NEWTOWN, Conn. -- A group formed here in response to the shooting deaths of 20 first-graders and six school employees called Monday for "real change" nationwide to prevent future mass killings, but it refused to say whether such change should include a ban on assault weapons or other new gun laws.
The group, which is called Sandy Hook Promise, includes relatives of some of the children slain on Dec. 14 by 20-year-old Adam Lanza, who burst into the Sandy Hook Elementary School and opened fire with an assault rifle. Lanza shot his mother to death at their Newtown home before attacking the school, then killed himself with a shot to the head as police arrived at the school.
The reluctance to dive into the political debate on gun laws by a group so directly affected by gun violence underscored the challenges facing lawmakers as they begin discussing proposals to be unveiled later this week by President Obama. Vice President Joe Biden and some Cabinet secretaries have unveiled a list of "common sense steps" aimed at reducing gun violence and compiled since the Sandy Hook massacre after talks with law enforcement officials, gun-rights groups, supporters of gun control, and others.
At a news conference Monday, Obama acknowledged that getting new legislation through Congress would be a challenge. "Will all of them get through this Congress? I don't know," he said.
Sandy Hook Promise co-founders avoided any mention of specific gun laws they might want to see passed, but the group's use of the term "common sense" in its mission statement and its emphasis on the need for drastic change suggested it eventually would take a stand on legislative changes. "I don't know yet what those changes are," said Nicole Marie Moretti, the mother of Sandy Hook victim Dylan Hockley, a sentiment echoed by several others who spoke at the group's formal launching in the Town Hall of Newtown.
"I do not want to be someone sharing my experiences and consoling another parent next time," she added, as other parents of the young victims stood on a dais, clutching photographs of their slain children. For now, at least, the parents and the founders of Sandy Hook Promise said they want to ensure that the national conversation that erupted after the massacre does not peter out, and eventually leads to changes that will make everyone safer.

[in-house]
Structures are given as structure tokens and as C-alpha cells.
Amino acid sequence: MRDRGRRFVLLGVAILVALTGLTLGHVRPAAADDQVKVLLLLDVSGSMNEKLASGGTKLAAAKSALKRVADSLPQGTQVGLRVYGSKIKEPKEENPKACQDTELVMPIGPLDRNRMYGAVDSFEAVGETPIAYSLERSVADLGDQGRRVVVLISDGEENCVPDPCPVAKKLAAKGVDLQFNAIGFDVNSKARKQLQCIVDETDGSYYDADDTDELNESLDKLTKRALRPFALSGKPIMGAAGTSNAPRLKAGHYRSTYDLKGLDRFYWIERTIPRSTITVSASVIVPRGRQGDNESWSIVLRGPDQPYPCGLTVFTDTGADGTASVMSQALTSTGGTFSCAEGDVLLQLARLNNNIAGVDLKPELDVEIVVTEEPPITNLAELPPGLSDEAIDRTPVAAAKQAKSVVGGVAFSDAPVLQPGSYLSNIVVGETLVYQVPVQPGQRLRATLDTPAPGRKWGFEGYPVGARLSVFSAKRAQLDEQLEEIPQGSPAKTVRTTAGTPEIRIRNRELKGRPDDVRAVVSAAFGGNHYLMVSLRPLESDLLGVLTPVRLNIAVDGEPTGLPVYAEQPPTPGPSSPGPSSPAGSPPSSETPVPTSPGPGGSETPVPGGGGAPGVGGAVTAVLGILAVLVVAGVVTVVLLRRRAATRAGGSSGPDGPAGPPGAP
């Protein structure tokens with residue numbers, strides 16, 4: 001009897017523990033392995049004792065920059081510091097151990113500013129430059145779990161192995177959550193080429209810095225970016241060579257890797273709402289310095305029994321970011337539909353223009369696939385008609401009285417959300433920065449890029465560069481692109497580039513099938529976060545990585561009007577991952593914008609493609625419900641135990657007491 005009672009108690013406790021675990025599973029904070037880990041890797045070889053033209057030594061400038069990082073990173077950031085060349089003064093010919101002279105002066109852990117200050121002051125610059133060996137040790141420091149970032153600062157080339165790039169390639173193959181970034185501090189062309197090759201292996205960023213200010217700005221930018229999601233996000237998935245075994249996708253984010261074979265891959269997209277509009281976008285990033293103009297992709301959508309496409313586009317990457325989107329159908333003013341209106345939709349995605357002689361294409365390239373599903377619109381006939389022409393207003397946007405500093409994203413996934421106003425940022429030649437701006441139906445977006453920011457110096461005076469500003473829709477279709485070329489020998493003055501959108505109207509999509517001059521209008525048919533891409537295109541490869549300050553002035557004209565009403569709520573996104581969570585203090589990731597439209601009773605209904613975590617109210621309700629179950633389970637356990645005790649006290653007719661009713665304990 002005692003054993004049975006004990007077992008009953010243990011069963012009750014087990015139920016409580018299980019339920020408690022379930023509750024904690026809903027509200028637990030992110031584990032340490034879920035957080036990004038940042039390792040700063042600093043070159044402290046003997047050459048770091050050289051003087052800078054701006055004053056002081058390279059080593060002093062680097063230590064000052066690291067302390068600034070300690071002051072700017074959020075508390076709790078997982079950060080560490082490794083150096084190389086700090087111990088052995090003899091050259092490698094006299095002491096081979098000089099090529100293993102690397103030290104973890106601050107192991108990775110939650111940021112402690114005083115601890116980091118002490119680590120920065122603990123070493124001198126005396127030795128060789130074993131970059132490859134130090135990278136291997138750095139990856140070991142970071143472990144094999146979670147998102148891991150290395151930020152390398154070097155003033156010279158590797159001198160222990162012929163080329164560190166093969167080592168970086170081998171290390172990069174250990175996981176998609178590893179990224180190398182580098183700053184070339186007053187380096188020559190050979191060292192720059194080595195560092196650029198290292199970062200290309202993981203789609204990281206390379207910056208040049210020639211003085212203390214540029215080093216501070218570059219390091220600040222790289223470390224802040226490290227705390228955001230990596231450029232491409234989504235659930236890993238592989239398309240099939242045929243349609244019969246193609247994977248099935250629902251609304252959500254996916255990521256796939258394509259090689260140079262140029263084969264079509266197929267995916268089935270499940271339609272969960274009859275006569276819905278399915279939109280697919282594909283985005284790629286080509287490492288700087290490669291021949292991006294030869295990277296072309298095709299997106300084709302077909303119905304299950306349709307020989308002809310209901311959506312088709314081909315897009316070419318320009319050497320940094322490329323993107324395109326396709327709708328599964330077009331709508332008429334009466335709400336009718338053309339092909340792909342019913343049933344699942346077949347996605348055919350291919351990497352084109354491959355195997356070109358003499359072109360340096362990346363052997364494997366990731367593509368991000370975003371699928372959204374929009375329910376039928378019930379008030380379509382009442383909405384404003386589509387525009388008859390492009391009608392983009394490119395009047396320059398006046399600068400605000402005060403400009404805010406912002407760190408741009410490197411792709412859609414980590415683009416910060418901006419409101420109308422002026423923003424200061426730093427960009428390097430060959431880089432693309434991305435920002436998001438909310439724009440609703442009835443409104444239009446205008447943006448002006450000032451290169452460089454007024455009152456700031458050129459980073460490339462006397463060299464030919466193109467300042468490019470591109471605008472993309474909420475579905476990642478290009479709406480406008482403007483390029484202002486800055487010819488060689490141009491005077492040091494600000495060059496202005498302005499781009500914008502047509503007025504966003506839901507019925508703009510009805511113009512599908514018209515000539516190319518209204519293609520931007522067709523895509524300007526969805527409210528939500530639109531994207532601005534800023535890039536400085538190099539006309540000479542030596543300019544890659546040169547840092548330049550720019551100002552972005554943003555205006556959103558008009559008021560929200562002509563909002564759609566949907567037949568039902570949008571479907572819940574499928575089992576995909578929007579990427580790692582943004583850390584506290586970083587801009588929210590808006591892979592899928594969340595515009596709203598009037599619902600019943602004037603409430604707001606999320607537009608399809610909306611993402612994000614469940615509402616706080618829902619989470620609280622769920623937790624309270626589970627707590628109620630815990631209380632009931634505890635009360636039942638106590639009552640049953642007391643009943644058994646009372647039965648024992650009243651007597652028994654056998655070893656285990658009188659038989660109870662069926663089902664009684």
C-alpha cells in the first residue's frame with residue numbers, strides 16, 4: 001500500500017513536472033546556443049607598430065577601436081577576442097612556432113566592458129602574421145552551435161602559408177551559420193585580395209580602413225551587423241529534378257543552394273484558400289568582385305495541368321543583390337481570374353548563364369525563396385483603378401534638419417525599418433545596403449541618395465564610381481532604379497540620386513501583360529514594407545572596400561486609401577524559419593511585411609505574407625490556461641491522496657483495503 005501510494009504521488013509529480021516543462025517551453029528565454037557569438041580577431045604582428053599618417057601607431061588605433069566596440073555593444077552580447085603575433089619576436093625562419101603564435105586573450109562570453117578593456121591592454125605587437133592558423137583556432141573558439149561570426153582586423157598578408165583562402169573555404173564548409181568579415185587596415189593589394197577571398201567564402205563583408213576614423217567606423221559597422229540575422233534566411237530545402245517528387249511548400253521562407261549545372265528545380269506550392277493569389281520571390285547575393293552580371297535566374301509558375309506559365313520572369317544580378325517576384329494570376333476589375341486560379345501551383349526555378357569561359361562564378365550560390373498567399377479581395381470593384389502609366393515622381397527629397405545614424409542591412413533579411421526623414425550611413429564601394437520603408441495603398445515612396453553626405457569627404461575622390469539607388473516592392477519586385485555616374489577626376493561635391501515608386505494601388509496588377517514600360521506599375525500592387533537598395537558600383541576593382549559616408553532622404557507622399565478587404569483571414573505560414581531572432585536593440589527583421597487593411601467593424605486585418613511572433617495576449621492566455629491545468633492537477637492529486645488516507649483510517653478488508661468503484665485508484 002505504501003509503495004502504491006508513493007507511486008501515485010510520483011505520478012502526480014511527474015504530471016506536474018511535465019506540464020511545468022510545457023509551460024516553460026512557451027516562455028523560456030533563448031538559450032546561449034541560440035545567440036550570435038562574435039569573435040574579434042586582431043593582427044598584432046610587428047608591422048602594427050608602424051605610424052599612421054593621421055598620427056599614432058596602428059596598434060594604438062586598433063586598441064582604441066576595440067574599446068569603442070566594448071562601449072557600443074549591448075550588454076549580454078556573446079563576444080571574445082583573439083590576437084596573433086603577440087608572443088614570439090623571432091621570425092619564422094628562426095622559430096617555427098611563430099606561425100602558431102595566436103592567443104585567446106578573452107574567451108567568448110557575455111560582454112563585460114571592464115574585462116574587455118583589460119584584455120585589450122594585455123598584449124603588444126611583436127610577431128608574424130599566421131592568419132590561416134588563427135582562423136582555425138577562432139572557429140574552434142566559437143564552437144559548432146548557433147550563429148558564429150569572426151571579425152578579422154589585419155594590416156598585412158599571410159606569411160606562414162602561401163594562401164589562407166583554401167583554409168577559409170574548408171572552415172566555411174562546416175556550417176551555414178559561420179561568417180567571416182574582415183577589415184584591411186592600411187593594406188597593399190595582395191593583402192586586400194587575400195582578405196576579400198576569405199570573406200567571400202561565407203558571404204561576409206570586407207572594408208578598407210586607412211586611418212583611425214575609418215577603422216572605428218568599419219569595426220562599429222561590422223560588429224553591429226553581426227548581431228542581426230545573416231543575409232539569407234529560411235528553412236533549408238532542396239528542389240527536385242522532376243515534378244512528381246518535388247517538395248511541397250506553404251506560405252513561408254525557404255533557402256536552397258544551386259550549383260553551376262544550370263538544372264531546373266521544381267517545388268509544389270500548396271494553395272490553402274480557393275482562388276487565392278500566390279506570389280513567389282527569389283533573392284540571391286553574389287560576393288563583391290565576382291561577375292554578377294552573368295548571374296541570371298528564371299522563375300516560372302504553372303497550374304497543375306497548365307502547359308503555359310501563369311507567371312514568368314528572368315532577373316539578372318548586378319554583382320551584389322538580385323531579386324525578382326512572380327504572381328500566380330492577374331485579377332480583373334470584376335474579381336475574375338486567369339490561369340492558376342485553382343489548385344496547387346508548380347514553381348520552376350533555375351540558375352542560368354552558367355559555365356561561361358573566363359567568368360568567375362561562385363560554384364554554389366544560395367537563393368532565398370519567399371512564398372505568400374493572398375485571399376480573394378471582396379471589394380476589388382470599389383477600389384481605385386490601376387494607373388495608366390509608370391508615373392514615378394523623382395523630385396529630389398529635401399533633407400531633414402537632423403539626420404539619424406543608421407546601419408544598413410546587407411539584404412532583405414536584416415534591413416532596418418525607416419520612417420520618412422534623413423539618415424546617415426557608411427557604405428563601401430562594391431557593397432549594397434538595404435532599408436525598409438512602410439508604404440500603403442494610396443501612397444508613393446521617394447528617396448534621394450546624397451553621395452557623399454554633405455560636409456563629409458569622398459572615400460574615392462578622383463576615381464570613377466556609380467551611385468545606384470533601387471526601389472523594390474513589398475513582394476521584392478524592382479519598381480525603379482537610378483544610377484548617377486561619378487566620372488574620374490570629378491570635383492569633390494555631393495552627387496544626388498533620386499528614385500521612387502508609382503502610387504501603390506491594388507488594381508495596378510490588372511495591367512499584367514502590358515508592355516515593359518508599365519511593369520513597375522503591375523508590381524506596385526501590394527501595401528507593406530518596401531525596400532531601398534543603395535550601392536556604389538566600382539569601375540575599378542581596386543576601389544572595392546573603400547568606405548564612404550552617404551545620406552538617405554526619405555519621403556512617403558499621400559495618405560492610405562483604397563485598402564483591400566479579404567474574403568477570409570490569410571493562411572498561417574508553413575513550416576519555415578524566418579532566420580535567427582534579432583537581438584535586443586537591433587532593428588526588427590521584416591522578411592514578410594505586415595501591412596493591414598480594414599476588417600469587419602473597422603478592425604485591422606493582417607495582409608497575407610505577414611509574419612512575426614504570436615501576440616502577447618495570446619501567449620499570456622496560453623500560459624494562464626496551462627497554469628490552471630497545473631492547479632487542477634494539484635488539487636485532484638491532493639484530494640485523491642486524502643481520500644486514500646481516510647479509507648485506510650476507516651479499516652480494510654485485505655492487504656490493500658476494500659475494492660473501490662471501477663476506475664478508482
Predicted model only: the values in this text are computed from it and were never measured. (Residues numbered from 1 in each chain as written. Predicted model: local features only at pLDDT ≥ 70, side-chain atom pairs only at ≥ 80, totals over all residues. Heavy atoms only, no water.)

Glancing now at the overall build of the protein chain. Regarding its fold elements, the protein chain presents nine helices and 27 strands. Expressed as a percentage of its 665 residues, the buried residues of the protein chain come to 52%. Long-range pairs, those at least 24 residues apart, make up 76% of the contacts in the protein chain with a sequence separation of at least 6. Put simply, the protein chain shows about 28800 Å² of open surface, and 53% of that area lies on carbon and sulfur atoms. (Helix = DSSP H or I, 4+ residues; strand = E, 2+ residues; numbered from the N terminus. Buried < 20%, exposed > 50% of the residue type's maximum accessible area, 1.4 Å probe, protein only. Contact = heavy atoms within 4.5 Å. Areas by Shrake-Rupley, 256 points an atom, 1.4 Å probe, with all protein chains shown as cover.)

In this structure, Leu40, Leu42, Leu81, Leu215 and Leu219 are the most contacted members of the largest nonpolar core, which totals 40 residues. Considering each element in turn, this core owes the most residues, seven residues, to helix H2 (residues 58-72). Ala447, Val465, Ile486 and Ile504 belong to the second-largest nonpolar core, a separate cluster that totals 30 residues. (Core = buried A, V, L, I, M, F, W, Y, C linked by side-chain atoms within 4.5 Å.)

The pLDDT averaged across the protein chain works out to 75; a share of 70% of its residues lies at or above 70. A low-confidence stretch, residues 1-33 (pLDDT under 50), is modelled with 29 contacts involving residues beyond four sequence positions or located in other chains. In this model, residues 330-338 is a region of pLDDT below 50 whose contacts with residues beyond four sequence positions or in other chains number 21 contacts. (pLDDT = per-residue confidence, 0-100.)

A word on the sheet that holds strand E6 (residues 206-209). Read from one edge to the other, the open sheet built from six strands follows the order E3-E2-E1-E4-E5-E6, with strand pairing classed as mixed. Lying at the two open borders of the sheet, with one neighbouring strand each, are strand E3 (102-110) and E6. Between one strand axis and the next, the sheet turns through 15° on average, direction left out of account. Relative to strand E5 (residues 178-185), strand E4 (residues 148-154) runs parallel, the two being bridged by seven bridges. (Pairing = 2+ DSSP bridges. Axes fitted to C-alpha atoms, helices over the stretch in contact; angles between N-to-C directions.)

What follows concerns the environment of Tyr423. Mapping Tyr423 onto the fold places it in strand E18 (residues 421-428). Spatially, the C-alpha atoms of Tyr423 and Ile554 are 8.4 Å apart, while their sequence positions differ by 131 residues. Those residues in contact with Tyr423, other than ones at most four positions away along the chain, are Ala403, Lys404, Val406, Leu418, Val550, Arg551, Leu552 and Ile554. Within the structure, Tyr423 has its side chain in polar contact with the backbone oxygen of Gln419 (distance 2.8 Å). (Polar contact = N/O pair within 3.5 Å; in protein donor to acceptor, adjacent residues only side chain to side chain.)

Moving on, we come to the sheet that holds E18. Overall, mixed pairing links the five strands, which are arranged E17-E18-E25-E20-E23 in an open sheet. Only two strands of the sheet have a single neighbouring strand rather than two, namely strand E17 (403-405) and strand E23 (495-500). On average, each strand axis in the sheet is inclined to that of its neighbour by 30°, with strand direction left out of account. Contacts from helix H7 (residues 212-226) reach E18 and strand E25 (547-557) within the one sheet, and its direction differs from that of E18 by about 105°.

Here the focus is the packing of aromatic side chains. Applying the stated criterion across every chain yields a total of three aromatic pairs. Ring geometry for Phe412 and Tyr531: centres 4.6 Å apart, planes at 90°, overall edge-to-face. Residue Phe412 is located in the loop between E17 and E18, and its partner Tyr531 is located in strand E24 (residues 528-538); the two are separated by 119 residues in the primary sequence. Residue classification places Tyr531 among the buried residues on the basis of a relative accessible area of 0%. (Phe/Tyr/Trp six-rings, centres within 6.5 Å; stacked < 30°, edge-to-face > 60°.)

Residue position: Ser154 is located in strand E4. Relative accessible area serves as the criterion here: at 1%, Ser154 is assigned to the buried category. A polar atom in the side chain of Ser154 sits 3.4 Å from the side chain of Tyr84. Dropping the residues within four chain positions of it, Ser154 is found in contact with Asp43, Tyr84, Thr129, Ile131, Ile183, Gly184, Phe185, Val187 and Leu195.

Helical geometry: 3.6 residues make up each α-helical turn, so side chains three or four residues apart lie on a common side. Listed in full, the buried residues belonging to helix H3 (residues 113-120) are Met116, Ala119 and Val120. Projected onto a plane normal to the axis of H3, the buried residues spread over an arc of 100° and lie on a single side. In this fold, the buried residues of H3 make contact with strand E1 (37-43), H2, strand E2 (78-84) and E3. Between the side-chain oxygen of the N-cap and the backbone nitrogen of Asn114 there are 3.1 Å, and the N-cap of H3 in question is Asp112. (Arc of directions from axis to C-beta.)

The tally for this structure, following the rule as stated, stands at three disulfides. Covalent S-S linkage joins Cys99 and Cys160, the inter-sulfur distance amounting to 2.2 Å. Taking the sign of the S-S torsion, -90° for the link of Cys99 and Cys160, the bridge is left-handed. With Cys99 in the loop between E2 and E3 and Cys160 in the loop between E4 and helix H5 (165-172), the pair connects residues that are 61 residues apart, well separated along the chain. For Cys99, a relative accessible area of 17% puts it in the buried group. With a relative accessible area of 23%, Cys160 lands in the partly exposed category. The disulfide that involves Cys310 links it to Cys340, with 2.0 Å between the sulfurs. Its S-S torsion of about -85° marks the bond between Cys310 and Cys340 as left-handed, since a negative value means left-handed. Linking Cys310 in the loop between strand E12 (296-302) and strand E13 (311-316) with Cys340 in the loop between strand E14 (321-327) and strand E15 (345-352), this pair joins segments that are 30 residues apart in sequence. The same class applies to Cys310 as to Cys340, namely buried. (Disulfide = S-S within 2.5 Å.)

"Doing nothing is no longer an option," said Tom Bittman, one of the group's co-founders. "We have let this happen too many times," he said in reference to other mass shootings in schools, shopping malls, places of worship and movie theaters across the country. "There are steps government can take. There are laws Congress can pass."
Another of the group's founders, Tim Makris, acknowledged that eventually the organization probably would begin taking positions on proposed legislation or other changes. But first, he said, the group wanted to collect ideas from all sides -- ideas that he said would not necessarily require legislation to enact. He compared the effort to the battle for safer driving waged by Mothers Against Drunk Driving, a group also created in the wake of a tragedy. "If you think about some of the initiatives they came up with, they don't require legislation," Makris said, citing the idea of "designated drivers" to curb drunken driving.
"Think about that campaign and about how many lives have been saved because of it," said Makris, who would not say when Sandy Hook Promise might be ready to offer more specific ideas. "We're going to move quickly, but we want to do right by listening to both sides," he said.
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